What’s the first thing that comes to mind when you think of a heroin addict?
Most people think of dirty, homeless “junkies” sticking needles in their arms. Probably in a back alley or run down house. This is not always the case.
The landscape of heroin addiction has changed over the last decade. A recent study by the JAMA network concluded that most individuals who enter treatment to quit heroin are white 23 year old females.
Our data show that the demographic composition of heroin users entering treatment has shifted over the last 50 years such that heroin use has changed from an inner-city, minority-centered problem to one that has a more widespread geographical distribution, involving primarily white men and women in their late 20s living outside of large urban areas.
It is important to understand why this is the case.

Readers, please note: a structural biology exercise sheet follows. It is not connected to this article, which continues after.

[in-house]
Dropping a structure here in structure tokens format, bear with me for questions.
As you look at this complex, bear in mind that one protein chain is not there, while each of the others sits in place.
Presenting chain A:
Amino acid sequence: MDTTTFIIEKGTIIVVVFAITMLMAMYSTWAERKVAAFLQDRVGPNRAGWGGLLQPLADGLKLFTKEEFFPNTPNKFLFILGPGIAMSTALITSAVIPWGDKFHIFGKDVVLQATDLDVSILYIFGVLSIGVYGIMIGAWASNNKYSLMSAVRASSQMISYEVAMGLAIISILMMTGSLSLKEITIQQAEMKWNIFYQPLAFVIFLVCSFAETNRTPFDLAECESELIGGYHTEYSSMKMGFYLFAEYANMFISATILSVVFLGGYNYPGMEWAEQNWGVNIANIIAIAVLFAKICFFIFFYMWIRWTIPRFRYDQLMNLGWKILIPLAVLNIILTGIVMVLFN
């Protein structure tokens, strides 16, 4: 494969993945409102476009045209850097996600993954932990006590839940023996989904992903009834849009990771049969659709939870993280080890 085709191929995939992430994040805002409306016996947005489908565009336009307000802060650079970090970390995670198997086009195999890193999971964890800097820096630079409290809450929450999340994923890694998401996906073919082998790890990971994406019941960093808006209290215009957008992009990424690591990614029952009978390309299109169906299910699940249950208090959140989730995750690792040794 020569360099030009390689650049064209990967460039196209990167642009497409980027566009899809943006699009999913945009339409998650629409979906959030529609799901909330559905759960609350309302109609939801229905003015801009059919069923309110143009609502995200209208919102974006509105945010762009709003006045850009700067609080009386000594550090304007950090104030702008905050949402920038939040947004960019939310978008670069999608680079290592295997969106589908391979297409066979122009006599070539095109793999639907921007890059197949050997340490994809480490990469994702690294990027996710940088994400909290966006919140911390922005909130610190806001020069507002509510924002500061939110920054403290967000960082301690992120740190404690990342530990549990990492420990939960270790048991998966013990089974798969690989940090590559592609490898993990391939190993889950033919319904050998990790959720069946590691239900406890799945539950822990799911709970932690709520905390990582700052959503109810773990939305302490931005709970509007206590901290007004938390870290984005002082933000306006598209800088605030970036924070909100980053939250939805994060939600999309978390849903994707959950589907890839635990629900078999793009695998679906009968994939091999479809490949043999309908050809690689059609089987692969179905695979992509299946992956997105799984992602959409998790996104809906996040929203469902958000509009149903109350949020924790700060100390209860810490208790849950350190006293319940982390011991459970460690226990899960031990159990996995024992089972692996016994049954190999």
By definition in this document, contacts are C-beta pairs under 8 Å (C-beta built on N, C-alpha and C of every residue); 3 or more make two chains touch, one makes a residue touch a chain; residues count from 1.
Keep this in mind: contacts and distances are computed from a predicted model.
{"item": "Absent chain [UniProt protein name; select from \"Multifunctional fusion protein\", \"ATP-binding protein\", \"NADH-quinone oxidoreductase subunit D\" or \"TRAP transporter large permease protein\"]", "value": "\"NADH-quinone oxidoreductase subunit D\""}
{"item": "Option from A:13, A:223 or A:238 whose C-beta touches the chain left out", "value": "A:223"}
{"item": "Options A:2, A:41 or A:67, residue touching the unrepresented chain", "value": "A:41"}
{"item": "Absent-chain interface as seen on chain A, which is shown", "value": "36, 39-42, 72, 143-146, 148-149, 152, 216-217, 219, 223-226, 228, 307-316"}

Heroin is rarely the drug that users start with. In most cases, teens start with prescription painkillers and eventually resort to heroin because it is less expensive than RX drugs. Once this happens the effects of heroin quickly take a tole and it becomes very difficult to quit.
Most of the time, help is needed to quit heroin.
What are the Effects of Heroin??
Heroin is an opioid. It acts as a depressant on your central nervous system. Opioids are used as pain relievers and people who are addicted to prescription painkillers typically experience similar effects.
The tools and techniques for how to quit heroin are similar to methods used to quit painkillers. However, heroin can cause its own unique problems because it is a drug that is commonly used intravenously. This carries an increased risk for diseases such as hepatitis C, HIV and also infected abscesses.
Finding help to quit heroin can save your life. There is a common saying in the recovery community that “heroin addicts don’t grow old.”